This article was published in Beadingdaily.
Our member, Lisa Dryden suggested that we put it on the website as a permanent reference. Hopefully, it will be useful to you and you won’t have to dig through your saved files to locate it. It will be here when you have need of the information! Thanks for the suggestion Lisa.
A Quick Guide to Wire Gauge and Hardness
Chances are, if you’ve been making jewelry for a while, you’re feeling ready to expand your skills. For many beaders and stringers, that means moving into the realm of wire. But I know wire can feel a little daunting—I vividly recall my first class. You bend it which way? But remember when you first started with seed beads and you thought, no way am I going to work with those tiny things! Or when you started stringing and you thought, I really don’t understand how these crimps work.
It’s just a matter of diving in and getting familiar with the materials and tools. The two things most critical to jewelry making with wire are the gauges and the hardness.
Gauge refers to the thickness or diameter of the wire. The smaller the number, the thicker the wire. For instance, to bend thick wire into a bangle, you might use 4 gauge, which is a little over ¼” thick. But if you want to knit with wire, you might use 28- or 30-gauge, which are almost like thread. Use a wire gauge tool by slipping the wire in a notch to determine the gauge.
Here are some of the most common wire jewelry-making components and the best wire gauges for creating them:
12g-14g – heavier clasps
12g-18g – links, medium clasps
16g-20g – jump rings
18g-22g – ear wires, simple loops
20g-24g – coils, wrapped loops
24g-30g – knitting.
Wire hardness The hardness of the wire refers to the malleability. Hardness also differs by material. Sterling is harder than copper. Brass and bronze tend to be stiffer than both copper and sterling. When you’re working with very fine gauges, hardness is a bit irrelevant, since fine gauge wires are so thin they’re ultimately pliable.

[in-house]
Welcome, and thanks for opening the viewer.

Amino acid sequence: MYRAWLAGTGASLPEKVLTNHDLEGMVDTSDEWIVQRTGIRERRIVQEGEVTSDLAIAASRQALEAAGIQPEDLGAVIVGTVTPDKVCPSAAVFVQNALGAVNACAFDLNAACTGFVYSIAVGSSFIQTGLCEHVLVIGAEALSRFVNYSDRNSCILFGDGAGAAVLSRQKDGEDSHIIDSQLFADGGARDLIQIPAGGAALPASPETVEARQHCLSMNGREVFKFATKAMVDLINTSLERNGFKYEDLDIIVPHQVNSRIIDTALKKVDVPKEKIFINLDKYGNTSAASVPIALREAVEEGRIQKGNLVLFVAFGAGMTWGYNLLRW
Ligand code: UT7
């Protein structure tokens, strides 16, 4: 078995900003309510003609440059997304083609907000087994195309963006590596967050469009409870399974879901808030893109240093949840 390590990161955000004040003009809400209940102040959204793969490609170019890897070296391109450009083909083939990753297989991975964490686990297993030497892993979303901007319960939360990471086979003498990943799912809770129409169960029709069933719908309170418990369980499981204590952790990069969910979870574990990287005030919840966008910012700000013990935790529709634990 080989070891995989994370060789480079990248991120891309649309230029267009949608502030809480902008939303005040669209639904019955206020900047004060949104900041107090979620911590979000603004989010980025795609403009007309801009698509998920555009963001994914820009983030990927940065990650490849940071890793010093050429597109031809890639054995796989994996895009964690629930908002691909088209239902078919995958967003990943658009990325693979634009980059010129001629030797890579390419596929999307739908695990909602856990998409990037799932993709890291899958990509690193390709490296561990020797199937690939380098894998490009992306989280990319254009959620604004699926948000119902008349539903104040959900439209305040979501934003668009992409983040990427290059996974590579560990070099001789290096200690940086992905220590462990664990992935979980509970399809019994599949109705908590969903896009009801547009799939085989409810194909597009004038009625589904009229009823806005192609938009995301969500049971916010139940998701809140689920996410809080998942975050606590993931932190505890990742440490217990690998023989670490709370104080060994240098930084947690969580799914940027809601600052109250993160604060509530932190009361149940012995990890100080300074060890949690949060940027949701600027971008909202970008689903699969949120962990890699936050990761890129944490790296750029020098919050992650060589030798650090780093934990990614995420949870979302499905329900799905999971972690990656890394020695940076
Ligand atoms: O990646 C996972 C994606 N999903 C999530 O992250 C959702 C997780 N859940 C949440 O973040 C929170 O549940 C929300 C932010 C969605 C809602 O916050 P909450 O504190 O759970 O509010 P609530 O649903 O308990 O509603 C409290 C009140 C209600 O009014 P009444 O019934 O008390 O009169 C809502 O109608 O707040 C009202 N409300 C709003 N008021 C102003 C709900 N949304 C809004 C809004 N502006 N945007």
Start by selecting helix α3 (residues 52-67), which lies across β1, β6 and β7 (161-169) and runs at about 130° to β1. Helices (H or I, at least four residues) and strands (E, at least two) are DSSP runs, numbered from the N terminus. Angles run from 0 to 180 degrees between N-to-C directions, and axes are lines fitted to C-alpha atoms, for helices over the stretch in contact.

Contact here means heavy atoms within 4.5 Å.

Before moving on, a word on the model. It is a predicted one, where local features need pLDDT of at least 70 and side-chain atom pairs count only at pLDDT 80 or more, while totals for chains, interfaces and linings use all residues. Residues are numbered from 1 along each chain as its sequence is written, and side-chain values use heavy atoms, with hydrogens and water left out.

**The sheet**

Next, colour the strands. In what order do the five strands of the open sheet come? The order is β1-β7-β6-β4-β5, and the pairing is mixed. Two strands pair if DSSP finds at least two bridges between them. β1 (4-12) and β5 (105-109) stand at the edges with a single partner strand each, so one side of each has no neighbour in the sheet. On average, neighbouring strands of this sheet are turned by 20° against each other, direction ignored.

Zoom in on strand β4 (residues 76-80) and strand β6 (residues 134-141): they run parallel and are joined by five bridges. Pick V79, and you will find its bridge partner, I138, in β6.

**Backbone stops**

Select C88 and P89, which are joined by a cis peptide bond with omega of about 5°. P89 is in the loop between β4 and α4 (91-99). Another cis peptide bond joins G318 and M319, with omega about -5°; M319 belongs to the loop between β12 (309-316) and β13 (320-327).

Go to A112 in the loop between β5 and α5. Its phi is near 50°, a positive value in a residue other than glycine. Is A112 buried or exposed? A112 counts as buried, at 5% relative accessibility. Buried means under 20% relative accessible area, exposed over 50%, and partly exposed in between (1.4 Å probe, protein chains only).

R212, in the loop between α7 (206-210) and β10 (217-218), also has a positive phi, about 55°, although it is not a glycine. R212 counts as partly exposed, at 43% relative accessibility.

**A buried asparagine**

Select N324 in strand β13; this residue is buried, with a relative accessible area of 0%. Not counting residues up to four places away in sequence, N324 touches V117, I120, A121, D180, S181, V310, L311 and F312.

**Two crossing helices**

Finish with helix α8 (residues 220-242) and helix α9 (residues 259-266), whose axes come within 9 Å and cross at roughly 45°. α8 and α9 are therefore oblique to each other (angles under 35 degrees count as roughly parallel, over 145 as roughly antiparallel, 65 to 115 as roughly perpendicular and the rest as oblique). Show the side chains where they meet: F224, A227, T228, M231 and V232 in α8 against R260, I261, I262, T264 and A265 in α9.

But if you work with thicker gauges, you want to choose the hardness most appropriate for the work you’re doing. For instance, if you want to make ear wires, you know they should have some stiffness and spring to them. But if you’re coiling wire, you want that wire to be soft enough to easily wrap around whatever you’re using as a mandrel.
Full hard: fully tempered, very hard and stiff. There is rarely a call for full hard in jewelry making.
Half hard: softer than full hard, but still holds some shape. Good for ear wires or hooks.
Dead soft: very soft, no spring, very pliable. Best for bending, coiling, hammering, and manipulating the wire a lot.
Work Hardening Your Wire
All metal becomes stiffer when you work with it–that’s called work hardening. Any sort of manipulation of the wire changes the molecular structure of it, causing it to become harder and more brittle.
The only way you can return the wire to its softer state is to heat it, which you can do if you have a torch or a kiln. But you can always harden soft wire by hammering, either with a metal hammer to flatten and texture, or with a rawhide mallet, to maintain the roundness but temper, or harden, the metal.
You can use work hardening to your advantage when you’re making jewelry. When you start with soft wire and want to make a few jump rings by coiling the wire around a mandrel, the coiling will work harden the metal and make your jump rings stronger.
When you buy craft wire, it’s primarily copper with a colo red coating of some type. Consequently it’s quite soft and easy to work with. Craft wire does not come in different degrees of hardness. But when you buy silver or copper wire from jewelry suppliers, you should specify the hardness you want.